Originally Posted by takman79
Originally Posted by Sean Webster
You can use it. Just not on the SSD.
why is that?
No point in defragging a SSD.
Why you shouldn't defrag a SSD:
Basically a SSD never needs defragmenting because it doesn't matter where the data is on the drive, they have ~.1 access time to anywhere on the the SSD's NAND cells and is always the same. All defragging does to an ssd is reduce its life by moving the data around on the drive.
There is a difference in defragging a SSD vs a HDD.
With HDDs the OS knows where the data on the HDD. Defrag programs assume that LBA (Logical Block Addresses) are fixed to a specific physical point on the hard disk. for example, LBA=1 is next to LBA=2, which is in turn next to LBA=3, thus when you defrag, it moves adjusts the files locations on the disk's platters where they can be read sequentially to increase the speeds. This is not the case for SSDs as LBAs for flash pages change based on its wear leveling algorithm.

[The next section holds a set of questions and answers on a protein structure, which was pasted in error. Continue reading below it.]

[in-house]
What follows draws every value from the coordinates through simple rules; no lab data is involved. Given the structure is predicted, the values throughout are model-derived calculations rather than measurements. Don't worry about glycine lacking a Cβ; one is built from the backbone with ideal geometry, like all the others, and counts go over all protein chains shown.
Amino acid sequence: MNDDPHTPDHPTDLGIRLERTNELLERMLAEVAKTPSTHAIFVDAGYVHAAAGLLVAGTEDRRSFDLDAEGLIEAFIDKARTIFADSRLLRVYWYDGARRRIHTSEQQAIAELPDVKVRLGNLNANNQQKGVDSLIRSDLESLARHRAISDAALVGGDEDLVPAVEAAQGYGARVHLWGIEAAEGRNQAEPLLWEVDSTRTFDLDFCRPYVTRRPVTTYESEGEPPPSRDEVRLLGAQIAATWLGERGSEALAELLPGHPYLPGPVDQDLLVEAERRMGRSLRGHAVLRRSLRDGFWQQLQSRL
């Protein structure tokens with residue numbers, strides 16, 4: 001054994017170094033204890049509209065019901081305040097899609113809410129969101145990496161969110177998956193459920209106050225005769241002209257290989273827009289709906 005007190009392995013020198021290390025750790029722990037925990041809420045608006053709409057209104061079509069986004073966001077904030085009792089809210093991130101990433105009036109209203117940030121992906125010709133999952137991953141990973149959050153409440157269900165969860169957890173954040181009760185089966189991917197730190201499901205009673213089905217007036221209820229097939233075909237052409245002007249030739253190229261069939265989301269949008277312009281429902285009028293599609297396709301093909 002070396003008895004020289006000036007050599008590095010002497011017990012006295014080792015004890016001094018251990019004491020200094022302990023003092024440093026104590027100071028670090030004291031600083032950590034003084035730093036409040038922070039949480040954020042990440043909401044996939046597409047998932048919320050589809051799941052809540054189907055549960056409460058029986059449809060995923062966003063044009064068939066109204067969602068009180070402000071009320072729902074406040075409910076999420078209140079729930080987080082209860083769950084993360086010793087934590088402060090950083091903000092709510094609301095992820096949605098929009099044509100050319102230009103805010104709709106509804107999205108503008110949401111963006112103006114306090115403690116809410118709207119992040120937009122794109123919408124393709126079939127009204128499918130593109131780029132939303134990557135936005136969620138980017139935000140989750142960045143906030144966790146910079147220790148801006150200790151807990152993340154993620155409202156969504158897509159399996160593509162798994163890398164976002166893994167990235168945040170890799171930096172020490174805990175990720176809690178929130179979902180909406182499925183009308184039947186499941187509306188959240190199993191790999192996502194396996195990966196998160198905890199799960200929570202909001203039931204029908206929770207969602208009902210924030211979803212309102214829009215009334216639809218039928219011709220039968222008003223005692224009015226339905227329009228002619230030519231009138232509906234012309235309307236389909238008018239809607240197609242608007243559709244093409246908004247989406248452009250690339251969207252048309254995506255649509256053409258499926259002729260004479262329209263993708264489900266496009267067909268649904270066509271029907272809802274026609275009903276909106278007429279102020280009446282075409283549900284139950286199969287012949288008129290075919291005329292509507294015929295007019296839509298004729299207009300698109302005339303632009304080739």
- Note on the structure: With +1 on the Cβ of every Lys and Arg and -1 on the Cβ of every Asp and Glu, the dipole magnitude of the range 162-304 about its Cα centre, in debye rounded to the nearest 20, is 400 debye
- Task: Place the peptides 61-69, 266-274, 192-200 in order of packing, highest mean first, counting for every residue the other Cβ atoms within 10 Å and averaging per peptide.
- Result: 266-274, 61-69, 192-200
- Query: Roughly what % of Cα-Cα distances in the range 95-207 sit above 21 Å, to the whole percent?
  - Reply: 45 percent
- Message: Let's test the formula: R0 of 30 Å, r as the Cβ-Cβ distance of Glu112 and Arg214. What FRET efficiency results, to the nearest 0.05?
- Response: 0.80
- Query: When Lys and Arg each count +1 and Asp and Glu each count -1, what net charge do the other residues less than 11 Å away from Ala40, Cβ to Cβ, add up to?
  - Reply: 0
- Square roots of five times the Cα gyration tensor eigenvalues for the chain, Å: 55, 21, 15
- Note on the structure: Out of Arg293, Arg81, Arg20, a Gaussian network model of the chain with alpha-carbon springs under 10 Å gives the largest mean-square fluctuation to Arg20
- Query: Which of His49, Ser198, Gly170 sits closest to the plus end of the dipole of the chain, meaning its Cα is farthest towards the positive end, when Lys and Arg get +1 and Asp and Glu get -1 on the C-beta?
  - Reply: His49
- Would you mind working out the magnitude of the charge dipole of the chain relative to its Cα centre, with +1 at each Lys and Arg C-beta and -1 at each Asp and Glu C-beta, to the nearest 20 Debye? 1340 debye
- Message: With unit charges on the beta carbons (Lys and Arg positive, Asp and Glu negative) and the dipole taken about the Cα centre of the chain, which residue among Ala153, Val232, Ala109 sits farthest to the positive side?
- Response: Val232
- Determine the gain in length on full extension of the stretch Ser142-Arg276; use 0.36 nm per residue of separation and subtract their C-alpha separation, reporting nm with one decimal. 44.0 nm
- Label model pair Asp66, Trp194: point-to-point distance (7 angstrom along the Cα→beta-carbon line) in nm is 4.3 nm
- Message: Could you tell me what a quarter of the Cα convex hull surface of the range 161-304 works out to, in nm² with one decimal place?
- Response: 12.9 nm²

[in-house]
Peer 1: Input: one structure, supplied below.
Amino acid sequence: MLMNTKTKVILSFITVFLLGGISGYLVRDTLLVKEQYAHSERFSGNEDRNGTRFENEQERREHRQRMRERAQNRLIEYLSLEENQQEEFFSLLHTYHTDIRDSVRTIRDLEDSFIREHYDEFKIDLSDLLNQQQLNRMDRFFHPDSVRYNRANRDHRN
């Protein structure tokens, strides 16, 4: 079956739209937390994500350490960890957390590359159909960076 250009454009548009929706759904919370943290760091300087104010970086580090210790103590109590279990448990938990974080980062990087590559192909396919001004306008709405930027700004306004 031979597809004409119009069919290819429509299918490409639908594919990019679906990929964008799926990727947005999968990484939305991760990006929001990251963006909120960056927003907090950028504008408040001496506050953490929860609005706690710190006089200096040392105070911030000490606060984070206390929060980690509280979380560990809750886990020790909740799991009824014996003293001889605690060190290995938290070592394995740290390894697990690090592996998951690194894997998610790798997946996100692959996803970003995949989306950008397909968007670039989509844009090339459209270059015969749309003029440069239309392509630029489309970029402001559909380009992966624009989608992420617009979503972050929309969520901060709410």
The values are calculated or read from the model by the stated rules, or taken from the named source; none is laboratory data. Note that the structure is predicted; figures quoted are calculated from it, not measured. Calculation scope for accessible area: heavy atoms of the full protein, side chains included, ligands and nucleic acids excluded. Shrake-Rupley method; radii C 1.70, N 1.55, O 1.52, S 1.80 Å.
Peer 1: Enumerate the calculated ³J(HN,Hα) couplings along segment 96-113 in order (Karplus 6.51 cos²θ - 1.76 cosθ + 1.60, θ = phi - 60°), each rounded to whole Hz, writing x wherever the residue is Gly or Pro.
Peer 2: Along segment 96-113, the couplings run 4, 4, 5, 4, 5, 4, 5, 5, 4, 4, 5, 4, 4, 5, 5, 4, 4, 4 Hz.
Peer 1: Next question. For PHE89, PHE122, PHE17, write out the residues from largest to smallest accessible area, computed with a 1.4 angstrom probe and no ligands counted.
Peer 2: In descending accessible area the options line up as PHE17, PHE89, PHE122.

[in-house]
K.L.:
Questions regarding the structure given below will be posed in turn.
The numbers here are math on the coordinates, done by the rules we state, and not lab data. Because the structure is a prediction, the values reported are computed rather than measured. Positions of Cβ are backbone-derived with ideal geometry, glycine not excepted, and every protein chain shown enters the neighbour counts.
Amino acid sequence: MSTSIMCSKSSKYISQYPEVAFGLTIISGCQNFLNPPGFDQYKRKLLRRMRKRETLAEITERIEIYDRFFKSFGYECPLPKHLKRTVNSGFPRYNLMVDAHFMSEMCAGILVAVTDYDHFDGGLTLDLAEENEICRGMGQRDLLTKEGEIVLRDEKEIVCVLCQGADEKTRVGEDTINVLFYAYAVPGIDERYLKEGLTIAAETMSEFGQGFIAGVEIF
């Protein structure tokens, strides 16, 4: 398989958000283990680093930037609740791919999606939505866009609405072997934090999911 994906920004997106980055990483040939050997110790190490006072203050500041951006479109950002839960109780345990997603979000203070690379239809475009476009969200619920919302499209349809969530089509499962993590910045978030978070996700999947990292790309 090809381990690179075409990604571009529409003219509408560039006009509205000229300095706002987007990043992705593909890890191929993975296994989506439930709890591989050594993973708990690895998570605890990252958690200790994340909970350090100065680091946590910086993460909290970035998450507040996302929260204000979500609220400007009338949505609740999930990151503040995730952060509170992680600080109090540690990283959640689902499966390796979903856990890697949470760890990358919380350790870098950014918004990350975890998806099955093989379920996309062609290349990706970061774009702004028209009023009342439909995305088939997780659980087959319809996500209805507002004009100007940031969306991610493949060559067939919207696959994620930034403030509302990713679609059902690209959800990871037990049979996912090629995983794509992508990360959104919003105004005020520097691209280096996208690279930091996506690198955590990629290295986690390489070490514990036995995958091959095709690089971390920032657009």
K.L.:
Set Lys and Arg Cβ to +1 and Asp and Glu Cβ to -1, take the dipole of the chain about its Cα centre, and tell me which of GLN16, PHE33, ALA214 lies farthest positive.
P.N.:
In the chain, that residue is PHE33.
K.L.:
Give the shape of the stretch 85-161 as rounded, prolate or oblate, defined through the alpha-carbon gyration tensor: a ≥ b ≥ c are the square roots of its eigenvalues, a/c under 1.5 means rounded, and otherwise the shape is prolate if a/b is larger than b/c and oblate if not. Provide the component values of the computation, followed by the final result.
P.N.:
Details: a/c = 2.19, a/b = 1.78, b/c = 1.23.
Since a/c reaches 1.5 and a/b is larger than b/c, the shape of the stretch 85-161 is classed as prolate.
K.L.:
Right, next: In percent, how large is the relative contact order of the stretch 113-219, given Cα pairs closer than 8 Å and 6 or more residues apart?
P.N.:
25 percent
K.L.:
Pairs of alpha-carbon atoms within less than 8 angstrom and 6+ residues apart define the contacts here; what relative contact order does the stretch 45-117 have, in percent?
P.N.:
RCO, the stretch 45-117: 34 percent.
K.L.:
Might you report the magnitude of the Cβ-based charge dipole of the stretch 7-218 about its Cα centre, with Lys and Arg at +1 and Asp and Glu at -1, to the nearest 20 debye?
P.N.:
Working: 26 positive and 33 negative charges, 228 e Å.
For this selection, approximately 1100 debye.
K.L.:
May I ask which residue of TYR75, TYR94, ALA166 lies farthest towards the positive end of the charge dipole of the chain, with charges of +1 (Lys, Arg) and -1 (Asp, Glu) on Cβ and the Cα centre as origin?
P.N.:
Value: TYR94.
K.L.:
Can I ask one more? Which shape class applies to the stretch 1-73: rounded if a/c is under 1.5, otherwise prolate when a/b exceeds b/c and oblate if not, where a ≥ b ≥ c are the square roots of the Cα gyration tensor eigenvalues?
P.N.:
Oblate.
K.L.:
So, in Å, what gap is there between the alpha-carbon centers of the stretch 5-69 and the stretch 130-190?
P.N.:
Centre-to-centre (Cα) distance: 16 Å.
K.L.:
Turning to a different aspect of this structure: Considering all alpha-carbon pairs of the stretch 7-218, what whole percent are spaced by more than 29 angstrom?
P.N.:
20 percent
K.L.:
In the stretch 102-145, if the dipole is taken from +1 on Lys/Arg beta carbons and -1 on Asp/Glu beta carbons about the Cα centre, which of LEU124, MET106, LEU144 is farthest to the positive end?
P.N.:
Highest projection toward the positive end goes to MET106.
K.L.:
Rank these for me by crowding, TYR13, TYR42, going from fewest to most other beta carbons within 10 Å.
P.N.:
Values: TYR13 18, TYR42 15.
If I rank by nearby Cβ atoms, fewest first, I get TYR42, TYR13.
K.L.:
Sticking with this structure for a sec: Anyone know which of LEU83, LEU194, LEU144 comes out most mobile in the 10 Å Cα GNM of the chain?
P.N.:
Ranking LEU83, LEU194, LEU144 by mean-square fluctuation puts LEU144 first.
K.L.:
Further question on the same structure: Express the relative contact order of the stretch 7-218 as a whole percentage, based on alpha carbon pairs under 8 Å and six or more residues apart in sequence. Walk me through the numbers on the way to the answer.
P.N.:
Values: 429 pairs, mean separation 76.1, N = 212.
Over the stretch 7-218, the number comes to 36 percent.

For SSDs since they have flash memory and have a controller that takes care of wear leveling, when you defrag, it is a waste of writes to the drive on the drive, the OS thinks it knows where it is, but it really does not. It simply tells the SSD to read and write the data over in a certain location, but the controller of the SSD actually tells the data where to go. So, the OS does not know how data is being mapped on the SSD, the controller maintains the OS's understanding of the LBA but keeps it own internal LBA map.
Fragmentation is not going to hurt a SSD's speed. As a matter of fact SSDs fragment data on purpose to increase performance through parallel access, fragmentation is a requirement for maximum SSD performance. SSD controllers use multiple channels (typically 8-10) to improve performance (like RAID 0). Fragmenting data helps to ensure best performance. Even if a file is stored in sequential blocks according to its LBA address (ie. the file is not fragmented according to the OS/defrag program), it might be sprawled across several flash chips.